Tax-Free Tampons Are a Matter of 'Social Justice,' Say California Lawmakers

On Tuesday, the California tax board endorsed a measure to make menstrual products exempt from sales tax.



Why should women have to pay a tax on tampons and menstrual pads, which are surely more necessity than luxury? Perhaps because we all pay sales taxes on all sorts of goods—food, toilet paper, shoes—that are an integral part of modern life. But according to certain California lawmakers and the state's tax board, the sales tax on menstrual products is sexist and must be abolished. 

On Tuesday, the California Board of Equalization—the agency in charge of administering California's sales, use, fuel, and vice taxes—endorsed Assembly Bill 1561, which would make menstrual products exempt from sales tax. The measure is co-sponsored by California Assemblymembers Cristina Garcia (D-Bell Gardens) and Ling Ling Chang (R-Diamond) as a way to "bring more gender equity to California's tax code," according to a press release from Garcia's office. 

"Effectively we are being taxed for being born as women," she said. "AB 1561 is about social justice [and] an opportunity to end an outdated tax that uniquely targets women for a function of their body, a function we don't control and can't ignore every month of our adult life."

Currently, five U.S. states—Minnesota, Pennsylvania, New Jersey, Massachusetts, and Maryland— exempt menstrual products from sales tax

There tend to be two libertarian camps on sales taxes, which can be described reductively as either 1) screw sales tax, because screw all taxes, or 2) sales taxes are a good alternative to income taxes for raising government funds. But I think we can all agree that if sales taxes exist, they should be straightforward and applied equally across broad categories. Randomly selecting certain products for exemption based on the idea that they're more or less essential to daily life than others is just a recipe for complication and special-interest-mongering. (Just look at the arcane patchwork of rules concerning food taxes in California, which leave bureaucrats perpetually arguing over things like whether a frozen sandwich microwaved at a gas station counts as a hot or cold food for tax purposes.)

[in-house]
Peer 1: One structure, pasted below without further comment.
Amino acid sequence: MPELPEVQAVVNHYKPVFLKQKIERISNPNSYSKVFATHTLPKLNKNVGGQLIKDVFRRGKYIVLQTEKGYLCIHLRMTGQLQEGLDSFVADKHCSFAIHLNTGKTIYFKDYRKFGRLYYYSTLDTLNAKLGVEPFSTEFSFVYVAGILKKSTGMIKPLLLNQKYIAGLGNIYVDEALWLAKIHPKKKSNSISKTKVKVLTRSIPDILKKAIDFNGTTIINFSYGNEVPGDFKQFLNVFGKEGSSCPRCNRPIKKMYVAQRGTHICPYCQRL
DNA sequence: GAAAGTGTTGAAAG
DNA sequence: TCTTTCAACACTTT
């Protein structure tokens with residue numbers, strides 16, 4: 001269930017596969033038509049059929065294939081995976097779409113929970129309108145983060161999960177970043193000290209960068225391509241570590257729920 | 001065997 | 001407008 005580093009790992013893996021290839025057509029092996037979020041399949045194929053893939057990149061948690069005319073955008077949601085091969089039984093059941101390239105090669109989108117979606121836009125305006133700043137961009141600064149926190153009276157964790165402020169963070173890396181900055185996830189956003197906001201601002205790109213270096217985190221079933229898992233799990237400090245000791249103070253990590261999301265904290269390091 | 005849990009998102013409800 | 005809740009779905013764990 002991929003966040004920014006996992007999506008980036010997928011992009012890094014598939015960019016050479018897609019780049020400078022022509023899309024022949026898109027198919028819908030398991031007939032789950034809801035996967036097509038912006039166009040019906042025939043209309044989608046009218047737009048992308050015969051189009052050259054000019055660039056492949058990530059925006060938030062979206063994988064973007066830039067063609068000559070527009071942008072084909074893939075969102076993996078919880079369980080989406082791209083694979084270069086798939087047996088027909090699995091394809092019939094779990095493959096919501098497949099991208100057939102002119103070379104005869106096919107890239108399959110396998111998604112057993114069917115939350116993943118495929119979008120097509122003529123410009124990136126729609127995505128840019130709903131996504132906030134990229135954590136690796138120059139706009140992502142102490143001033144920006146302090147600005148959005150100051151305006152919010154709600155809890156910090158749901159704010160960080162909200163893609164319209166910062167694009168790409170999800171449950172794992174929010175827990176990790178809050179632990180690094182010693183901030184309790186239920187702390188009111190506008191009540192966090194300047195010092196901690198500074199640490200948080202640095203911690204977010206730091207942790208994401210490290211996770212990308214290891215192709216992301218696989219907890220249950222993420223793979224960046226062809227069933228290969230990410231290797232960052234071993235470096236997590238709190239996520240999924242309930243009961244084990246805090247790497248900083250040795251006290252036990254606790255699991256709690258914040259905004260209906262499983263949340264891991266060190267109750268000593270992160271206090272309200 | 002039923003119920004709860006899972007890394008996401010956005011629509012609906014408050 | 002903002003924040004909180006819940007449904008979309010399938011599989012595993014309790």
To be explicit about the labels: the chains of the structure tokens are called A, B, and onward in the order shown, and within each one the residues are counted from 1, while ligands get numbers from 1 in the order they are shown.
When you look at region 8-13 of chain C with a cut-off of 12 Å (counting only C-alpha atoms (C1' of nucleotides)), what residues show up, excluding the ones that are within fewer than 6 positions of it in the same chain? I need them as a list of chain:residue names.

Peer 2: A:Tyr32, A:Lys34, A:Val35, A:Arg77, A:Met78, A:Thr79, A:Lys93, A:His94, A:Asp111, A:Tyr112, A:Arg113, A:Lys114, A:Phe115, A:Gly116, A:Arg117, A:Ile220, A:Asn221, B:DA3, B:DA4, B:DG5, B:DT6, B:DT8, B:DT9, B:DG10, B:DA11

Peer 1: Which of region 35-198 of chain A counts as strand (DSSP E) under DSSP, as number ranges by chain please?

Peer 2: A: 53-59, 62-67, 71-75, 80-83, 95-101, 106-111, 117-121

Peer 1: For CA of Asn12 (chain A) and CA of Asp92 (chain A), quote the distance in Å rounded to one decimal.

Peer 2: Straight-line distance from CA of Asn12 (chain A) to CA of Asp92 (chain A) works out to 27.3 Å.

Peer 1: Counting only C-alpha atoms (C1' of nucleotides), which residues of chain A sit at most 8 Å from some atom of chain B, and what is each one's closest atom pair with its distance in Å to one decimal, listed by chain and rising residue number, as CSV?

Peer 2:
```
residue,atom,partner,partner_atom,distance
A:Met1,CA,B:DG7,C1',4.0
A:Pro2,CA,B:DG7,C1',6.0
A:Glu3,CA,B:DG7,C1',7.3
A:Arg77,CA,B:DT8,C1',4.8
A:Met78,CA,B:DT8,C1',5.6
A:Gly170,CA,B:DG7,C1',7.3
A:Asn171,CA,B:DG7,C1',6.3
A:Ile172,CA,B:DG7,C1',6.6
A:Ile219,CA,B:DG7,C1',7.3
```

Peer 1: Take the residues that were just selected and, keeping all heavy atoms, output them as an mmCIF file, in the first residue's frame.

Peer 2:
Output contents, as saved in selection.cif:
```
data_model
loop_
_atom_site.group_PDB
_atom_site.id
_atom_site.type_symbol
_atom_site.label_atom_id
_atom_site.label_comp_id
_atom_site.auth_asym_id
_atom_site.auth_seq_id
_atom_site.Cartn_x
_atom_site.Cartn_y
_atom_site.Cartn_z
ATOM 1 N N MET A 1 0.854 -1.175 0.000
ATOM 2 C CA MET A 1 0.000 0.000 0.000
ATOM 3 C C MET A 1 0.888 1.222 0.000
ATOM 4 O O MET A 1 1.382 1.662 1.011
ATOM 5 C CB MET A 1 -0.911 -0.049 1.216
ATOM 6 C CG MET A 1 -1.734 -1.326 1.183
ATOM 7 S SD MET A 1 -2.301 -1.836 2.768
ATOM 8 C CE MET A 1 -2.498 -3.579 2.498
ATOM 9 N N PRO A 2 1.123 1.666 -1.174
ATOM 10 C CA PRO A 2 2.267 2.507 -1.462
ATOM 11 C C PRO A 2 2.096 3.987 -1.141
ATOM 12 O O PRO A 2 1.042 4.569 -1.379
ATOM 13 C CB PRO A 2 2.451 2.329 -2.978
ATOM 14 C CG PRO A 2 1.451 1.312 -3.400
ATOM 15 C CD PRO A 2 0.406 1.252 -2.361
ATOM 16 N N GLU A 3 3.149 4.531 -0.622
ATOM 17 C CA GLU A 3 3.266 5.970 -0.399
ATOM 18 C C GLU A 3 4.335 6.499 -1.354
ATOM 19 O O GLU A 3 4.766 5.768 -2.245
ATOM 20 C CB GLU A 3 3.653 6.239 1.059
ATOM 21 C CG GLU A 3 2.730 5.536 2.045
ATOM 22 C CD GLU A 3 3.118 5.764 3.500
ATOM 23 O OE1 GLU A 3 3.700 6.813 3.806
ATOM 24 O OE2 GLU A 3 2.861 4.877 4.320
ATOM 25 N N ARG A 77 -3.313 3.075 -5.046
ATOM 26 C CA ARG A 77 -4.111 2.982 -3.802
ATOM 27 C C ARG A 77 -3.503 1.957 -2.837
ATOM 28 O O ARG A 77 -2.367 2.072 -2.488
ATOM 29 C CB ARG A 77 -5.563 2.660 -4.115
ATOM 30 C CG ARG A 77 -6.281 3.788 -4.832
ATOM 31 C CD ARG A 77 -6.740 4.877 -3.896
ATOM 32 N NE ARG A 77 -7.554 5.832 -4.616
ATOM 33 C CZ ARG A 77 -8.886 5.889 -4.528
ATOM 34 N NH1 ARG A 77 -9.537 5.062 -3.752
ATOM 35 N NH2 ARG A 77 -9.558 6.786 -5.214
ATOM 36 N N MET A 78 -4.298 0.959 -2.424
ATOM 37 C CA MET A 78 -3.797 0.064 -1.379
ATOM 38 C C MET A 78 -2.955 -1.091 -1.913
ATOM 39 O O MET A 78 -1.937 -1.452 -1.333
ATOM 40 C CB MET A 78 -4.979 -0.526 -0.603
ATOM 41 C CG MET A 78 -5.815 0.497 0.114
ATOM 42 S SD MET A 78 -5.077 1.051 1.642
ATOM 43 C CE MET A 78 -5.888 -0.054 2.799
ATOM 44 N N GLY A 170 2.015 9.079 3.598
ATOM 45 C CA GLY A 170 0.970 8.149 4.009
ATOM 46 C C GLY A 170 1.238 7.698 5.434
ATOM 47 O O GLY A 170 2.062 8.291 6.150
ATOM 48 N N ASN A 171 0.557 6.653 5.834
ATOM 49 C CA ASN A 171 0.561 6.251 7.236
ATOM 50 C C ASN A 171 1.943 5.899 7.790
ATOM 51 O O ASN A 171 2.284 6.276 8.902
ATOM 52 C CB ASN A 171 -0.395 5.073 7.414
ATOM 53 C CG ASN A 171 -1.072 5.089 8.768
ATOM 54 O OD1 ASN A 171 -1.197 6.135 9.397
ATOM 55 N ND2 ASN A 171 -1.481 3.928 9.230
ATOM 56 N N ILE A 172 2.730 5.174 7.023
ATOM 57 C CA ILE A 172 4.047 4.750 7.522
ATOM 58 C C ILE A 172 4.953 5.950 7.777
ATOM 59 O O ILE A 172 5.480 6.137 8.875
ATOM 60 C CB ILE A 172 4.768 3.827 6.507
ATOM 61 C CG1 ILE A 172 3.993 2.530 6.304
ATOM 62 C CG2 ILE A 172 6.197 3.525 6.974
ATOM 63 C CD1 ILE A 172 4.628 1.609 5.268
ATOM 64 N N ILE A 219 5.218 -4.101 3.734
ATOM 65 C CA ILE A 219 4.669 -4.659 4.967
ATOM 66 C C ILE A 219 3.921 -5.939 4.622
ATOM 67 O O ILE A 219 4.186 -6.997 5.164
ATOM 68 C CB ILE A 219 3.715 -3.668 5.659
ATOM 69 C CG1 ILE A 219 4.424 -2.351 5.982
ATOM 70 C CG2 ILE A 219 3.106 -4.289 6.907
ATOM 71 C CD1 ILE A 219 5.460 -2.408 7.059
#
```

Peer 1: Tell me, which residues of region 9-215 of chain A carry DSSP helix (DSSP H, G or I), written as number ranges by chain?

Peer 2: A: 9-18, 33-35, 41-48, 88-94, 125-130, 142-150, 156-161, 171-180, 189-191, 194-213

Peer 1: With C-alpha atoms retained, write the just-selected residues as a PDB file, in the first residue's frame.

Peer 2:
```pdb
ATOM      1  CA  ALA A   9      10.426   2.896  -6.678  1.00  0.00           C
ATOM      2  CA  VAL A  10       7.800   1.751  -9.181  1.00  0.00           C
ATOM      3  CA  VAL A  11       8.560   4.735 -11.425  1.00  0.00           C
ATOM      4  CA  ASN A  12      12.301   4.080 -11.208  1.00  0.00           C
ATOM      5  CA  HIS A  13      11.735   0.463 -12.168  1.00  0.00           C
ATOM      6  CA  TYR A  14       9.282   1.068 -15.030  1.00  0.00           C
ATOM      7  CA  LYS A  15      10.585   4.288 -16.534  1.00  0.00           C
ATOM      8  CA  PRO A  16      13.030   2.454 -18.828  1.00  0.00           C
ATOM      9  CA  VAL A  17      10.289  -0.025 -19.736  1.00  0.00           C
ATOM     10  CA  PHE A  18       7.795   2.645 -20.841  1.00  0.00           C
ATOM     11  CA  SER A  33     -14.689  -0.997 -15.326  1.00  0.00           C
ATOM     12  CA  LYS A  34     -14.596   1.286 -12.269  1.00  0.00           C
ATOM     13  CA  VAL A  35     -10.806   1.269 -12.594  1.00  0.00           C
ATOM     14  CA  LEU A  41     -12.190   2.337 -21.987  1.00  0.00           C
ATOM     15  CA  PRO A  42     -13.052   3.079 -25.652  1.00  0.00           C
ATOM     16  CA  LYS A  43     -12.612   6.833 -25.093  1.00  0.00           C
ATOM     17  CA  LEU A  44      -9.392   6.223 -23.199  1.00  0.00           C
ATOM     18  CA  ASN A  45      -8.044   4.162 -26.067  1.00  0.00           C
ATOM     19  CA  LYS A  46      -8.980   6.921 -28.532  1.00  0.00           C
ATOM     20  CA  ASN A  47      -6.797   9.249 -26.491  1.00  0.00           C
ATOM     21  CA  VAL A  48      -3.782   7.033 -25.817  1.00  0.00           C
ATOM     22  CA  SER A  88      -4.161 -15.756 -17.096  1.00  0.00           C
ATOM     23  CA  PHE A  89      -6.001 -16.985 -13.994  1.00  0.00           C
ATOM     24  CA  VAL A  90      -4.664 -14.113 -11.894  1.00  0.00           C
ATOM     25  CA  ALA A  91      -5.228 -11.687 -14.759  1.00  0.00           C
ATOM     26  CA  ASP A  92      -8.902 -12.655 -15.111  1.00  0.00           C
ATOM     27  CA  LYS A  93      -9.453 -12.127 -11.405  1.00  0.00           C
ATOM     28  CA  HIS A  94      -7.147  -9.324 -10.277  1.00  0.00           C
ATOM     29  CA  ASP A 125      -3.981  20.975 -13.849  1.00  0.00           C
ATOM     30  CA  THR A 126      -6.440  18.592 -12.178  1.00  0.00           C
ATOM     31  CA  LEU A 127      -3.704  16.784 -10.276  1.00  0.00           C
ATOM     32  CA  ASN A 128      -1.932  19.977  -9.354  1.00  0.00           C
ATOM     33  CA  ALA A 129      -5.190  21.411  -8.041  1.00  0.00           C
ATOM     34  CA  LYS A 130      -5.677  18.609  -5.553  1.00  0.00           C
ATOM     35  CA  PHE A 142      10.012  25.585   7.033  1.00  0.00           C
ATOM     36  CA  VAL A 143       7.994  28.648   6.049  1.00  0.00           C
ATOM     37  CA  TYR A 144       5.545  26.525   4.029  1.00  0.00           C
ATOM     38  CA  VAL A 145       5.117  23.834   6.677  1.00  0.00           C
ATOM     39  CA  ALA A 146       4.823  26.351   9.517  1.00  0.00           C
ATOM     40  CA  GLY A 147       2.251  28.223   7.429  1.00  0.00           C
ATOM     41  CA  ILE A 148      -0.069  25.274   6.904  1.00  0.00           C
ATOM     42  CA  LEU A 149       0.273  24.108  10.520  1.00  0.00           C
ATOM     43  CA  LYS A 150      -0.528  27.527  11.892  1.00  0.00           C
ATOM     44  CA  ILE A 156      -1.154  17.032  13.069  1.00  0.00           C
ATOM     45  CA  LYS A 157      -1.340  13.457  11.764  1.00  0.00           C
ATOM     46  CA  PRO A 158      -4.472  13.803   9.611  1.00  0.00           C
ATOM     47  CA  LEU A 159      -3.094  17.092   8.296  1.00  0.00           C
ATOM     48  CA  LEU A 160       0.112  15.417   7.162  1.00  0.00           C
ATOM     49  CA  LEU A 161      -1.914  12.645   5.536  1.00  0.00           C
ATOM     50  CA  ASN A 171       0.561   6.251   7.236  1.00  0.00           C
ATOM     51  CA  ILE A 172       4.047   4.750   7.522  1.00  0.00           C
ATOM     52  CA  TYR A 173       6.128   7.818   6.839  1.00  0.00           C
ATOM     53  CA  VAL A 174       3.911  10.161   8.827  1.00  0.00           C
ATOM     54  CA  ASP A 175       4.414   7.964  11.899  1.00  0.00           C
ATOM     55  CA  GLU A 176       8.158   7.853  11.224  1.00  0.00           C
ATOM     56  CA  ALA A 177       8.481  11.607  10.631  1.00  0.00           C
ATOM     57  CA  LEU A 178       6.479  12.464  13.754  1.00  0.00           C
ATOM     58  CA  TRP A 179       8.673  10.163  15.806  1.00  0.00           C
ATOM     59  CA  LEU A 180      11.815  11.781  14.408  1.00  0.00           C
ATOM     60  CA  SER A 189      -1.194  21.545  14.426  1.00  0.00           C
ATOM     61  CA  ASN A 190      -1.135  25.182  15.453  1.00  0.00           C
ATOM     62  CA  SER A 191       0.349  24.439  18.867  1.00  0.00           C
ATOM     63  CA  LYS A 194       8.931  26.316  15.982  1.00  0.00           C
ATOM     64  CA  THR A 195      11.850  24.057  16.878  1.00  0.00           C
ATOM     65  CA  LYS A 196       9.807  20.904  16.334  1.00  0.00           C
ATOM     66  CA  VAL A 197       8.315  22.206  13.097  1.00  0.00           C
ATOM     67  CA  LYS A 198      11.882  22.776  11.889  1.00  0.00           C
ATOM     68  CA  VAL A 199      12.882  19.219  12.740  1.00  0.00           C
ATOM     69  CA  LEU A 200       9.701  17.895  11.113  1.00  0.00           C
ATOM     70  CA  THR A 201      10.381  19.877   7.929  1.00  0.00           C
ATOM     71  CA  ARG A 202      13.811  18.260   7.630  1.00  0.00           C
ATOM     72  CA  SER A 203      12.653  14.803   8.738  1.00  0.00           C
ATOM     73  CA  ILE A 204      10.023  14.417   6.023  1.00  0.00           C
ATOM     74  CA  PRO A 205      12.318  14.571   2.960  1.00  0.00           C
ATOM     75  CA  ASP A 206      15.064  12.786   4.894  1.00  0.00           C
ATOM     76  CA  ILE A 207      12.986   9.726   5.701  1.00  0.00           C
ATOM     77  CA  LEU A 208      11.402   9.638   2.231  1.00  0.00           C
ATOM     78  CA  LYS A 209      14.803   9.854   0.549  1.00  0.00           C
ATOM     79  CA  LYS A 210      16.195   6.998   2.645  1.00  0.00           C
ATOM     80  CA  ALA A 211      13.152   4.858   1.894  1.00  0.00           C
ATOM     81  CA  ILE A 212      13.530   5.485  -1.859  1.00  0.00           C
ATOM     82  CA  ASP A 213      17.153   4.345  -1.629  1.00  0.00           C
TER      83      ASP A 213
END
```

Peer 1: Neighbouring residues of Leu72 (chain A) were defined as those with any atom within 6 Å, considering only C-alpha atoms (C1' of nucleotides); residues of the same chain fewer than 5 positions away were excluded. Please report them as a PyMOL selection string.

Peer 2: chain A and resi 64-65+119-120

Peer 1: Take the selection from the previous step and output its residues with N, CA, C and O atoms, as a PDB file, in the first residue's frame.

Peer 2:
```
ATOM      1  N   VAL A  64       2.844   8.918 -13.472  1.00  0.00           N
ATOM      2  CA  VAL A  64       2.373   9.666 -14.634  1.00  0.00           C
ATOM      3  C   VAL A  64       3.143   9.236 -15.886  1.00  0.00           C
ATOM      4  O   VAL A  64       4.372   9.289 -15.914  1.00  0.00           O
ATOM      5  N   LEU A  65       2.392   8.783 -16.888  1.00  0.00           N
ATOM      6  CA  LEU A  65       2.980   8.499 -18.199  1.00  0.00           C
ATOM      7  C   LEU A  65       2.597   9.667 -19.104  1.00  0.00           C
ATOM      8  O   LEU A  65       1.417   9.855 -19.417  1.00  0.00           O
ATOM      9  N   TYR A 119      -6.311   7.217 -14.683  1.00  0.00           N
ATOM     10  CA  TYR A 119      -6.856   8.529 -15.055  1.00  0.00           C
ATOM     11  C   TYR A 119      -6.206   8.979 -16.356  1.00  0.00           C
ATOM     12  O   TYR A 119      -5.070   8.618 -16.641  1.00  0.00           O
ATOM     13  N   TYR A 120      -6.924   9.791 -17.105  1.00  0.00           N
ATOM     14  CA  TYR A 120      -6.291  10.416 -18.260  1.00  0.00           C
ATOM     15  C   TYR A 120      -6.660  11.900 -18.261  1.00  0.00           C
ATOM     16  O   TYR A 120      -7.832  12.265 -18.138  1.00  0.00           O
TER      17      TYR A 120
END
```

Garcia and Chang argue that for extremely poor women, buying tampons or pads each month is a severe financial burden which we need to mitigate. But is it more of a burden than buying, say, contact lens? Toothpaste? Toilet paper? At least there are reusable options for menstrual products; you can't reuse toilet paper or toothpaste. 

Of course, exempting menstrual products from sales tax is only a stepping stone as far as Garcia is concerned. Her end goal is to "make these essential products free or covered by insurance for women," she said.